3. Peaceful transition to a cleaner democracy

One thing I learned during my travels in South America…not just Chile, but also Argentina and Brazil…is that military coup d’états would arrive and then eventually transition back into democracies. When I was taking a tour of Buenos Aries our guide was explaining how Argentina had multiple coup d’états over the century. I asked her about the last one in the late 70’s/early 80’s and enquired as to why they transitioned back to democracy. She said the seven-year time frame was up and they just relinquished power. It was a coup with a timetable apparently.

The pattern in South America throughout the 20th century seemed to be… democracy until it was corrupted or unstable, and then the military would step in and clean house…and then eventually transition back to democracy. This seems paternalistic on behalf of the military, but in a lot of ways…how nice is it to have a safety net in place should democracy begin to fail?

When I look at the sheer madness of our democratically elected politicians and witness the gong show they deliver us, I can’t say I’d be that sorry to see a Pinochet-styled leader with a wide-berth and a firm-hand getting things back in order. After some time, democracy is restored and new serious-minded, cleaner-cut government can resume serving the people.

Contrast this with left-wing dictatorships like Cuba or North Korea or Venezuela. They never let their grips off the levers of power, no matter how many suffer…no matter how bankrupt the state and the ideology that goes with it, they don’t leave.

4. Chileans are still divided

If Pinochet was so bad then why did he garner 44% support in a referendum…16 years after he seized power? Clearly many Chileans wanted a return to democracy, but Pinochet was not without a high level of approval. He’s a polarizing figure, but not a completely unpopular one.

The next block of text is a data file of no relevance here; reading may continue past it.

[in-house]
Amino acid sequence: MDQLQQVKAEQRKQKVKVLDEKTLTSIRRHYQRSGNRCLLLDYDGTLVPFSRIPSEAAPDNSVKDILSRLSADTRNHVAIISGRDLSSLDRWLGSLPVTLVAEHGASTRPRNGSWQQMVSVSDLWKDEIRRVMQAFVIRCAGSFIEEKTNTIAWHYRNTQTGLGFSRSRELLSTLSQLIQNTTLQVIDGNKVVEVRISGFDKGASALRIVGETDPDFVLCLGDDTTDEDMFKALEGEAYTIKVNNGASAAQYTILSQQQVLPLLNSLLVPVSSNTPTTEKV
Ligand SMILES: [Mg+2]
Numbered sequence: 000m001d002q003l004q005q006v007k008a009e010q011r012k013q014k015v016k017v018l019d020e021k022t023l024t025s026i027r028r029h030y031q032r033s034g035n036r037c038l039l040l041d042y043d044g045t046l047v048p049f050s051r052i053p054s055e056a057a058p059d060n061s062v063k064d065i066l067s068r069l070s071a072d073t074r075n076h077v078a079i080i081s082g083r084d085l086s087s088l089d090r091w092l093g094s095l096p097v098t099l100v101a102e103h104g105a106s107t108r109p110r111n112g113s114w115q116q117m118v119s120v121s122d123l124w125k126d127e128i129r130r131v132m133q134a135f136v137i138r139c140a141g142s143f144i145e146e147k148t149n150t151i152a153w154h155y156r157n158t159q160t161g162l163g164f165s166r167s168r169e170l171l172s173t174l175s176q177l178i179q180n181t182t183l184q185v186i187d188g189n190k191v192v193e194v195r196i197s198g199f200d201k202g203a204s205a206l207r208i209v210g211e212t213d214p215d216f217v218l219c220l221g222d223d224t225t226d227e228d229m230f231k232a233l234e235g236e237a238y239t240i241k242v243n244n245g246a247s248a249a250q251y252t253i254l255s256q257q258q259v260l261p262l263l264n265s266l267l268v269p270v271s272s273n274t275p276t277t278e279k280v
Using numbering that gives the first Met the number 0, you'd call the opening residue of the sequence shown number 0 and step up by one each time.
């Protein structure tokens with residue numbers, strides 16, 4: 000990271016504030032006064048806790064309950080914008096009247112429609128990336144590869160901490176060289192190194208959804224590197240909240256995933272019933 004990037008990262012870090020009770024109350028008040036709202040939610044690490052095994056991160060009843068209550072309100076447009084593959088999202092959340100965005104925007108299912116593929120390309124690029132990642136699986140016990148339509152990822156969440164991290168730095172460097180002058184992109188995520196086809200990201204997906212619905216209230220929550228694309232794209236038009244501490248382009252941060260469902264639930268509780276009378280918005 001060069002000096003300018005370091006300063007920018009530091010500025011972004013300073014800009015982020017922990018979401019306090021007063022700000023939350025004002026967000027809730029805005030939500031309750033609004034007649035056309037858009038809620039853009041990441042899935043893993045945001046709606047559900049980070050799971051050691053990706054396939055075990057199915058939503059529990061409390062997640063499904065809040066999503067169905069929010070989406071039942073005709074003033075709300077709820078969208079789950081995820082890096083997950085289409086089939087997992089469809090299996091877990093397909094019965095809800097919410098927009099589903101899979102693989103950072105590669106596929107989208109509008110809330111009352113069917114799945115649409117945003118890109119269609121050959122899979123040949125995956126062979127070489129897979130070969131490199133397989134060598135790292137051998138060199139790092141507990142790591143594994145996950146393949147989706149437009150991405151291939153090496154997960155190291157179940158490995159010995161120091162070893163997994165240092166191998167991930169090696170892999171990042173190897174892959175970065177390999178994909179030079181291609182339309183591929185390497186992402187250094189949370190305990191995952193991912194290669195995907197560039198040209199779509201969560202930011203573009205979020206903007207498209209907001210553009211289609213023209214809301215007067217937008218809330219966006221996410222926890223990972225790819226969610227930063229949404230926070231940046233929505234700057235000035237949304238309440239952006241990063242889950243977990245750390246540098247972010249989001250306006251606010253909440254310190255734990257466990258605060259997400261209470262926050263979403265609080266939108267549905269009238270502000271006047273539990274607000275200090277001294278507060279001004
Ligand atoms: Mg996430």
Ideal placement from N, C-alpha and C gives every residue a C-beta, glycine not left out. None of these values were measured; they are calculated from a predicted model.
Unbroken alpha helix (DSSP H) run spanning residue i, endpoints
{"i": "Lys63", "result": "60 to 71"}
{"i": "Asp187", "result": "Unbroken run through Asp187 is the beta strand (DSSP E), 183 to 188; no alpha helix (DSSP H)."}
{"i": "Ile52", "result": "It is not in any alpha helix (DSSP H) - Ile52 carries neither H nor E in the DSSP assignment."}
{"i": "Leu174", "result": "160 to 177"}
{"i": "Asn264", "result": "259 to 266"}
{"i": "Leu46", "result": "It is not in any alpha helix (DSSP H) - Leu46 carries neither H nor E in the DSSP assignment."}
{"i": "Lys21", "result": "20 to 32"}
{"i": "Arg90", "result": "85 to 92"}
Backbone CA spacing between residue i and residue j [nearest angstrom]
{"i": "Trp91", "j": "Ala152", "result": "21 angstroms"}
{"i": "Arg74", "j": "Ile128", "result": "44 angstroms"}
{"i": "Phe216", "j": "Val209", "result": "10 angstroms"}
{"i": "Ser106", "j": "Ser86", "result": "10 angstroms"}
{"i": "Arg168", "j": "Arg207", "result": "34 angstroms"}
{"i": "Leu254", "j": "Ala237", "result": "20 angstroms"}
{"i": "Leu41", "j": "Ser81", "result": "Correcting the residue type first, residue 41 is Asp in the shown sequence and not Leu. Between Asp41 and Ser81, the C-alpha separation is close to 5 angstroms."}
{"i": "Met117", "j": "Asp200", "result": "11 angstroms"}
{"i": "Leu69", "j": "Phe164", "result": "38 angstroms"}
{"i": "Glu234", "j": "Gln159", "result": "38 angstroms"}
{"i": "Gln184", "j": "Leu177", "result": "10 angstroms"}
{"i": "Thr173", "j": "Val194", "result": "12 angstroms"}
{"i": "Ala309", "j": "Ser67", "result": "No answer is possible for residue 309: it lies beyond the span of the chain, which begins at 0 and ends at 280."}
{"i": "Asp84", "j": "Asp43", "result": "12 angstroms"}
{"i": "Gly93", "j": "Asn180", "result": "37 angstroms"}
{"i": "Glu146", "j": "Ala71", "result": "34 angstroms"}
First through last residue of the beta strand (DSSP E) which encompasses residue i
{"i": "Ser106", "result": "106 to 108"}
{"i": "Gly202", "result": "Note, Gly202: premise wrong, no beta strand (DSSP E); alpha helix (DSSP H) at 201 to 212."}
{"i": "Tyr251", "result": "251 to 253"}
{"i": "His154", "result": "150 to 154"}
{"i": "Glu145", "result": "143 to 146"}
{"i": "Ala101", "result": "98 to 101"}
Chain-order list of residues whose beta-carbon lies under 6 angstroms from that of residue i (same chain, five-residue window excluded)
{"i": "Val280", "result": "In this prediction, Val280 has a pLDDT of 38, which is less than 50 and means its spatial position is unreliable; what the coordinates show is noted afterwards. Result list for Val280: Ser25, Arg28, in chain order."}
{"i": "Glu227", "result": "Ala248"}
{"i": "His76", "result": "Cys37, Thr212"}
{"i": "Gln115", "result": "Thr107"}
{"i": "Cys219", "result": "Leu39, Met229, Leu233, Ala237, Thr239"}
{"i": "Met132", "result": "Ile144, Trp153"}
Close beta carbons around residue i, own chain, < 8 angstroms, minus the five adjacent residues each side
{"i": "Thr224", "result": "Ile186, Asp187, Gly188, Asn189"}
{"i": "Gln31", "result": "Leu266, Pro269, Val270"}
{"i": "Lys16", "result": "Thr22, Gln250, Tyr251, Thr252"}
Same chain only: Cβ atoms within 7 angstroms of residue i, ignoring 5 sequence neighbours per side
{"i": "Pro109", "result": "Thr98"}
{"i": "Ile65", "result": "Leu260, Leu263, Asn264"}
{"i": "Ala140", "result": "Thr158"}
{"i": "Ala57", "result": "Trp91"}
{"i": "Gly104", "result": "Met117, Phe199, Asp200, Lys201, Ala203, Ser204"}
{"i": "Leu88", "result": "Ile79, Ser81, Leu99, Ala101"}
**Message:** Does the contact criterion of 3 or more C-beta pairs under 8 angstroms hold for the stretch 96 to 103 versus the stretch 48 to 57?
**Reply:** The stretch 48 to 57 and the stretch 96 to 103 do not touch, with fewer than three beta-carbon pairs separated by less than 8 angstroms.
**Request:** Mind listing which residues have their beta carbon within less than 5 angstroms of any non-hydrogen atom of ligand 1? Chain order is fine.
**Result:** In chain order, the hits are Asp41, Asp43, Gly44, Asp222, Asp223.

"The armed forces saved me," right-wing congressman Ivan Moreira told Chilean state television this month. "They saved me from living under a regime, a Marxist dictatorship. Pinochet saved the lives of an entire generation." BBC link

It seems to me that the same type of people who hate Pinochet are the same types of people who think Trump is the new Hitler. Reality is more nuanced, and the fact that Pinochet’s legacy is even up for debate is evidence enough that his accomplishments are worth investigating.

“Any organization that is not explicitly right-wing, sooner or later becomes left-wing.” – Robert Conquest’s second law of politics.

The concern with the modern West is that democracy simply isn’t fundamentally strong enough to prevent leftward drift and ultimately collapse. One hundred years ago Communism was the anti-Western bogeyman that was threatening our civilization and many people across the West turned to fascism to stop the spread. In many ways they were correct to do so, as liberal democracy wasn’t up to the challenge. After World War 2, the United States and many countries throughout the West adopted various components of fascism (military-industrial complex, permanent-professional bureaucracy, entrenched social welfare state, intelligence networks etc.)  in order to function as a better bulwark against the spread of Communism.

When Communism fell, the newer and softer version…Globalism/Cultural Marxism took its place. Once again liberal democracy is allowing leftist domination to ascend and once again people are turning to nationalism/populism (soft fascism) in order to push back. It’s through this lens that Pinochet can be seen as a Cincinnatus, temporarily protecting Chile from Communism and a Venezuelan-styled collapse. It’s through this lens that Trump or Putin or Bolsonaro or Duterte function as compromise figures today, authoritarians protecting their nations from the failings of democracy and the rise of the new left.

Will it be enough?

Hopefully, but if not and escalation is required, Pinochet offers us an example of salvation.

“And what country can preserve its liberties if their rulers are not warned from time to time that their people preserve the spirit of resistance? Let them take arms. The remedy is to set them right as to facts, pardon and pacify them. What signify a few lives lost in a century or two? The tree of liberty must be refreshed from time to time with the blood of patriots and tyrants.” – Thomas Jefferson, 1787at